Showing posts from October, 2010

Europom and an Apple, Ginger and Lemon Cake

I recently wandered along to the exhibition held as part of this year's Europom event – well, it was just down the road at RHS Wisley . Europom might sound vaguely Australian but actually it's a group of very laudable European organisations promoting the conservation of the widest possible range of fruit. Or as the posh lady who elbowed me out of the way to get to the front of the exhibit shouted to her even-posher friend “It's just a load of apples and pears!” (I left out the swear word). I think it's safe to say that the elbow lady was right - there were a load of apples and pears and after being suitably impressed and thankful that such collections exist I then started to feel guilty that I tend to use such a small variety of fruit in the kitchen. So for this recipe I got hold of some Byford Wonder apples from the fruit gardens at Wisley. I'm led to believe that Byford Wonder is a 19 th century Herefordshire variety of cooking apple and compared to the mor

Mulligatawny Soup and the Bodhrán Teacher

I couldn't bring myself to eat mulligatawny for a long time. In the distant past, long before I became a happily married man, I was eating a bowl of mulligatawny in a London pub garden with my then girlfriend. Suddenly she  jumped up, shouted “I've got to see my bodhrán teacher while I've still got the chance” and, without finishing her drink, ran off – very fast. I've never felt quite the same about mulligatawny since. No two people seem to agree what should be in this soup. This recipe makes a mild soup of contrasting textures which is how I like to think that mulligatawny tasted all those years ago, although, to be honest, it probably didn't. The easiest way to make this soup, I think, is by pre-cooking the lamb in a slow cooker, but you can cook it in a more conventional way if you prefer. This recipe should make 8 portions. For reasons I've already discussed, I wouldn't personally recommend listening to traditional Irish music while eating mull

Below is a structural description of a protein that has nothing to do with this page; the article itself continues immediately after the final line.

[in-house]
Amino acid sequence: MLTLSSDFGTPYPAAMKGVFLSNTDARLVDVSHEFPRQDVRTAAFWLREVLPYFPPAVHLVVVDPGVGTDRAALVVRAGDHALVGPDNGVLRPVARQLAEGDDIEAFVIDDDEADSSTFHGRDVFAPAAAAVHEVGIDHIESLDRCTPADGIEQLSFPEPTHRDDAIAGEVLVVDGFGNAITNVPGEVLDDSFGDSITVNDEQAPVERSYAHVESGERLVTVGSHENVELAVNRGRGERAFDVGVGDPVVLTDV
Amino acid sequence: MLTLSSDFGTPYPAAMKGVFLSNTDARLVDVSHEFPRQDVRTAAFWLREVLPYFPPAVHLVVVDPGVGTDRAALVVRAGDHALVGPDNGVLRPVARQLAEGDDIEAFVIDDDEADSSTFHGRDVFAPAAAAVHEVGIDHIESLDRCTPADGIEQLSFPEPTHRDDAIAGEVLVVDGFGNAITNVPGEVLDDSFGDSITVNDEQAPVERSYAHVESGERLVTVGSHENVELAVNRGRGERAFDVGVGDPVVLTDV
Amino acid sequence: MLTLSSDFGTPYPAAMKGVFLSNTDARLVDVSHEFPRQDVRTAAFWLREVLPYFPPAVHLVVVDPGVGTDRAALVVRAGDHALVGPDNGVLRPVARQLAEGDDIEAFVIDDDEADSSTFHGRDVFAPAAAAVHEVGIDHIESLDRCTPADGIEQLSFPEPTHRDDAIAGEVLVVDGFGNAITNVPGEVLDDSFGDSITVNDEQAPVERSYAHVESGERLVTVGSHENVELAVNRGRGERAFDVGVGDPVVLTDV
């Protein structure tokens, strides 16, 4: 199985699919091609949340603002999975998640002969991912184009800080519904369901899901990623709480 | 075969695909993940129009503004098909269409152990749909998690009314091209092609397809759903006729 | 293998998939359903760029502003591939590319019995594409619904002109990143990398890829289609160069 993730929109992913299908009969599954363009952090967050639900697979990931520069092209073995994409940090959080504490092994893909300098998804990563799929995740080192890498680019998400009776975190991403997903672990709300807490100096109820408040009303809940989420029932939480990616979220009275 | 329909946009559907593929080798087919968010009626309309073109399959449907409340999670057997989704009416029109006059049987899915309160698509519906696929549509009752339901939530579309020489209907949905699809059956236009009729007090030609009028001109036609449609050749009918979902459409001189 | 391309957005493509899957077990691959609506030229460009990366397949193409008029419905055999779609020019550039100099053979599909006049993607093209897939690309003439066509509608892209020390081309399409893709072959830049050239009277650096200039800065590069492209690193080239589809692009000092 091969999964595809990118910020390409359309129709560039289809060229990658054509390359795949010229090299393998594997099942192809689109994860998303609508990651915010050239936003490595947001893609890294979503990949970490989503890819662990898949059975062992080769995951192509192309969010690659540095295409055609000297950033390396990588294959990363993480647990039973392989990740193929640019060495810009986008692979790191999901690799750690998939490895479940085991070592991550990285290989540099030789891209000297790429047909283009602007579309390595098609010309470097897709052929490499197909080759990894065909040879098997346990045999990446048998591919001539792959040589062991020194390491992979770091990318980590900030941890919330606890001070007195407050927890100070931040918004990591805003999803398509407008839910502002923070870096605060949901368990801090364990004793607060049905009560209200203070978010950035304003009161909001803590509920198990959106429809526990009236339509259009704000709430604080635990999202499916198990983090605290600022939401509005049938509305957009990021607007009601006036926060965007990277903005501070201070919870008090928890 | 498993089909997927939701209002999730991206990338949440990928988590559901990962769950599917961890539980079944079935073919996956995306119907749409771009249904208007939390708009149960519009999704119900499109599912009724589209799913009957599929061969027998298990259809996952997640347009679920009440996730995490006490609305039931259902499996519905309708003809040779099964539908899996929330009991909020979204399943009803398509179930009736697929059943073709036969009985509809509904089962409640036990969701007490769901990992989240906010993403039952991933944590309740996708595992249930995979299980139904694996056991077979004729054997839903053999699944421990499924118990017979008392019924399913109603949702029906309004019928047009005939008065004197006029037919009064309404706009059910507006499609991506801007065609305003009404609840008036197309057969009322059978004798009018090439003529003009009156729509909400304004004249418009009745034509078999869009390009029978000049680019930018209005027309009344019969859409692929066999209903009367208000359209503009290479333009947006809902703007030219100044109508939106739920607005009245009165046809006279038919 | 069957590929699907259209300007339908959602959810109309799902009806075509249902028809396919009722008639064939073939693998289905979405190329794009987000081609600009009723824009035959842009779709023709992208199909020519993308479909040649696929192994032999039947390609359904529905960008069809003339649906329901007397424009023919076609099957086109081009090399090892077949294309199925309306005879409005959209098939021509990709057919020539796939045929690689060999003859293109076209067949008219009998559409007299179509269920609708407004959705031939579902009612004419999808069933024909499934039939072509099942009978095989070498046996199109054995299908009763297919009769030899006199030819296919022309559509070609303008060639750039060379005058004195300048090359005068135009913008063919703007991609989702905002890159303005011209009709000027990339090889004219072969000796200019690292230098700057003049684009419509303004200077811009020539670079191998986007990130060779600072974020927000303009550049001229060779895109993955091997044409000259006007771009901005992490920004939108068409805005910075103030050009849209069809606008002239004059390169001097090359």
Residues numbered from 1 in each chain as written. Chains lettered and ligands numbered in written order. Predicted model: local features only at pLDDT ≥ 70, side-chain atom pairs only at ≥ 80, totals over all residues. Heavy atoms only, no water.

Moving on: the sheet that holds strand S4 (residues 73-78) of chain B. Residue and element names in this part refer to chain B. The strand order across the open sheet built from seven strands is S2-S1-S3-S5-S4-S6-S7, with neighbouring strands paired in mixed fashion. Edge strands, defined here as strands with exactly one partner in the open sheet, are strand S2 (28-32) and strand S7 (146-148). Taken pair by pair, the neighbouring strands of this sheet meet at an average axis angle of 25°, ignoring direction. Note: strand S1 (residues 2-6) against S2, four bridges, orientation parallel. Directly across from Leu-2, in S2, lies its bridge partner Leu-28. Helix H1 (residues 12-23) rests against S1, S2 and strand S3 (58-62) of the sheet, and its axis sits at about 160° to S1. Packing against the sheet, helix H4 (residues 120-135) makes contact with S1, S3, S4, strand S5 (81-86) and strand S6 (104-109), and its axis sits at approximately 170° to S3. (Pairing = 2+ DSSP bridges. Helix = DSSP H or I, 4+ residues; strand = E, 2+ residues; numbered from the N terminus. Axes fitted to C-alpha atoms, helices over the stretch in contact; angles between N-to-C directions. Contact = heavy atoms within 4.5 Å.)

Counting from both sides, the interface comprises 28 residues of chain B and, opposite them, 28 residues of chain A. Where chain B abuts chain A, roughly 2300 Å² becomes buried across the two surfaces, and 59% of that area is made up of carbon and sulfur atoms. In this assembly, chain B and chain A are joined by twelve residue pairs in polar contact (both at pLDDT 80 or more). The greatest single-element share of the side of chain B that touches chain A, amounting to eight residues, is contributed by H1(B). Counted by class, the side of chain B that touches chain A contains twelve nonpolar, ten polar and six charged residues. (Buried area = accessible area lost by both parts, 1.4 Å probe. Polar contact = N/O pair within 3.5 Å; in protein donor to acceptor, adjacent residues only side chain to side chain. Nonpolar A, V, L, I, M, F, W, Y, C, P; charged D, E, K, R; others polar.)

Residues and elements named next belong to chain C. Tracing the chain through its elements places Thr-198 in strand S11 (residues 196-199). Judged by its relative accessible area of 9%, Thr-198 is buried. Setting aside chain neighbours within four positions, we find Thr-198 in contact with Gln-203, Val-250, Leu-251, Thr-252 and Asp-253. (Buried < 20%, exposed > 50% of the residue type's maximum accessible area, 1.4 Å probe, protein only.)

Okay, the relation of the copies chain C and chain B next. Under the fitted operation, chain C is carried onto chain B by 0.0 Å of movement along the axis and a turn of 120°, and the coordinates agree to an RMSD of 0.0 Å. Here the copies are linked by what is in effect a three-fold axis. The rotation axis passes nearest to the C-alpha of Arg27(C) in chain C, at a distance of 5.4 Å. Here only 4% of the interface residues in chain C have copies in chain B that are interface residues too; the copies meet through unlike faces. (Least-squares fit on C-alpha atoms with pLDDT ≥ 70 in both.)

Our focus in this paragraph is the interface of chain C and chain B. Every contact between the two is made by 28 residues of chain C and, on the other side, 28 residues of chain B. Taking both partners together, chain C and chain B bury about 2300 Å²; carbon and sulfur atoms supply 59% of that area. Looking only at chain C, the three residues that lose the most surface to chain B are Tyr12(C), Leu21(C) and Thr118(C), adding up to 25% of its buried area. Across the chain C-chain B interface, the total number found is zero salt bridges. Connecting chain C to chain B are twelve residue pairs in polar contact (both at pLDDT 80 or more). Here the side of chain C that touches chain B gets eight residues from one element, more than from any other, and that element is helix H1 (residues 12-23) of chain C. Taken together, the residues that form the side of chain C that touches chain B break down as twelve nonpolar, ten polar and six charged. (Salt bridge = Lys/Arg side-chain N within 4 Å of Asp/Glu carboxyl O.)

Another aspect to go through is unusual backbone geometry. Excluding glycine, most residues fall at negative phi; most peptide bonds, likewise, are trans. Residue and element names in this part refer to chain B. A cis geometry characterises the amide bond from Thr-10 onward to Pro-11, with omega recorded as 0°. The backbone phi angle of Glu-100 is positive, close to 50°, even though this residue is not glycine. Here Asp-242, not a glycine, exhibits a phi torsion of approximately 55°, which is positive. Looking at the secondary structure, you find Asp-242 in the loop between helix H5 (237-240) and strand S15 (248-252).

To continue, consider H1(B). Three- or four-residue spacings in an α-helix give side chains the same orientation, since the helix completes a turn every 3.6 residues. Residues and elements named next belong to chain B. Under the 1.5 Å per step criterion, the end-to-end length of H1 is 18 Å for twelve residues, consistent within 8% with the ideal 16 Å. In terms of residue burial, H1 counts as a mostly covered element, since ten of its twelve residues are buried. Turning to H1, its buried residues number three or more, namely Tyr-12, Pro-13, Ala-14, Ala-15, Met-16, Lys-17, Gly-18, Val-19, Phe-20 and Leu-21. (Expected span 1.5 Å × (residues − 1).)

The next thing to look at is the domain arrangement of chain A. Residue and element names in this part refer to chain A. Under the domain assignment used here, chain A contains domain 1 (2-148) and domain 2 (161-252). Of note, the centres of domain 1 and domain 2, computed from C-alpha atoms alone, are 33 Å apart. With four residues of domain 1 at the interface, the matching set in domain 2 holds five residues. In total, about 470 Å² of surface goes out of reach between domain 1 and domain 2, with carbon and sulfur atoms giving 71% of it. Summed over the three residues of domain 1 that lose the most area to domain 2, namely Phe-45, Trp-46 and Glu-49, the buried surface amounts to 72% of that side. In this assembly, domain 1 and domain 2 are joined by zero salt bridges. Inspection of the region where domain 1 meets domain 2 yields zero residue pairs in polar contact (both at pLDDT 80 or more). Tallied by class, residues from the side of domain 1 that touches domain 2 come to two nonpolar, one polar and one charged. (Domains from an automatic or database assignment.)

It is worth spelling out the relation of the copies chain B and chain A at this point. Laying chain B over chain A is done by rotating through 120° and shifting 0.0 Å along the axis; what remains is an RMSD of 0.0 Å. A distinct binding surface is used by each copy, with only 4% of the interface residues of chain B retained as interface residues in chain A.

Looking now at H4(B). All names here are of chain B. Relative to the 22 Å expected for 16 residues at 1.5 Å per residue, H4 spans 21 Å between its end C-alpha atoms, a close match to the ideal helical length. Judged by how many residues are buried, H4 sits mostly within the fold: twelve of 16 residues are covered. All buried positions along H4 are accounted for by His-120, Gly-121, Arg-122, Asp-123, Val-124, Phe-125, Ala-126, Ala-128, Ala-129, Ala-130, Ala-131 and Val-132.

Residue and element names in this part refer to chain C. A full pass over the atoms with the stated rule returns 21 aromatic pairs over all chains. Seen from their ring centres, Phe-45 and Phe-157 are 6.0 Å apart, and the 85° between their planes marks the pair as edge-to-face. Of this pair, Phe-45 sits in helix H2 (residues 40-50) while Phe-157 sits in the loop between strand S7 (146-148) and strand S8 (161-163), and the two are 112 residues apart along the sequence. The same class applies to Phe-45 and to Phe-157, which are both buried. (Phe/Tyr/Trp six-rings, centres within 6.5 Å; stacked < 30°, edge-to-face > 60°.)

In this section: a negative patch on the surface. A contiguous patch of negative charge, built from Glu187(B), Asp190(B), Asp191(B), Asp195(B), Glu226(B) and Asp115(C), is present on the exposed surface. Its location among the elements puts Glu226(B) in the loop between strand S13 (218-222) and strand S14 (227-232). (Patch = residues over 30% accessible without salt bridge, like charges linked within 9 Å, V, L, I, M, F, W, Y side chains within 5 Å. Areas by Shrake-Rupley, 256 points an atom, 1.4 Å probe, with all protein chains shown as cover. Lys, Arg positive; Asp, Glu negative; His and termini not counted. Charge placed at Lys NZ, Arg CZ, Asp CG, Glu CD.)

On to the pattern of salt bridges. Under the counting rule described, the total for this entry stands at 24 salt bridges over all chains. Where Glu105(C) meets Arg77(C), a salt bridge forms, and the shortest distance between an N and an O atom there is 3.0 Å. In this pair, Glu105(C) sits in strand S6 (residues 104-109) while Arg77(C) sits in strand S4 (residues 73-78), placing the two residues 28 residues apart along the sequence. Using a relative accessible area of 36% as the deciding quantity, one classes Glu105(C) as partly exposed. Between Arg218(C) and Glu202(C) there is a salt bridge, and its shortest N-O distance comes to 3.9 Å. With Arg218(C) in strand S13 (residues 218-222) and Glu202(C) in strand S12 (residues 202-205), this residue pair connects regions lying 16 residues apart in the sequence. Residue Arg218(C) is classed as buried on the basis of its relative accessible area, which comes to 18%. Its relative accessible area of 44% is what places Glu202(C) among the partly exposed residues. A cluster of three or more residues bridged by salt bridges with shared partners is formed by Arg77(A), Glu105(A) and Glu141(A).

Chocolate and Hazelnut Buns

I was thinking about making some Chelsea buns when I succumbed to the lure of chocolate  - I'm so easily led astray. These aren't really Chelsea buns anymore - the dough I ended up making is actually a variation on one I use for a simple brioche-style loaf, so this recipe is probably closer to a French chinois.  But, whatever they are, they're suitably sticky and taste just fine to me. This recipe uses a breadmaker to make life really easy. You could make life even easier still by replacing the filling with nutella or other such spread, but where's the fun in that? This amount will make 8 buns. For the dough: ¾ tsp easy bake dried yeast 240 g white bread flour 30 g ground almonds 30 g light soft brown sugar ½ tsp salt 60 g unsalted butter, softened ½ tsp vanilla bean paste or extract 2 eggs, lightly beaten 50 ml milk For the filling: 50 g hazelnut butter (see below) 40 g unsalted butter, softened 50 g icing sugar 40 g dark chocolate, in chips or small

Duck Herder's Pie

With a chill in the air and a sky full of grey clouds, I was thinking about autumnal dishes. Then the sun came out, the temperature shot up and I forgot about the English autumn and found myself thinking about south-west France instead (I tend to do that every so often, I have to admit). As a result, I came up with this French-inspired dish. Perhaps I should be calling it Hachis Parmentier au Canard or something like that, but given my endless struggles with the French language, maybe it's best that I don't. This should serve 3 people unless any of them are as greedy as me, in which case it will comfortably serve 2. 1 small handful of dried porcini mushrooms (I suppose I should say cèpes) 2 duck legs 1 onion, chopped leaves from 3 or 4 sprigs of thyme leaves from 2 small sprigs of savory, chopped (this isn't crucial if you don't have any) 1 garlic clove, crushed 1 tbsp balsamic vinegar 1 tbsp armagnac 200 ml red wine (southern French ideally, of course) 2

Sloe Gin

Sloe gin is a peculiarly British drink. The French normally gather anything suitable for human consumption from the wild but when I was in the Mayenne earlier this year and suggested that sloes were worth picking I got some very strange looks. So I suppose I’m peculiarly British since I've been making it for quite a few years now. Here's what I do. First collect your sloes. You want the sloes to be ripe – a nice deep colour with a distinctive bloom on them. You don't have to wait until the first frost, as some people say. (Some years the sloes don't seem to ripen well at all if the summer's not good. You can still make sloe gin with a decent taste in those years, but the colour will be less appealing). Once you've gathered a goodly number of sloes, take them home and wash them. Drain them thoroughly, pick them over and throw away any that look nasty in the cold light of the kitchen. Get a large, clean jar with a lid that will seal tightly – I use large French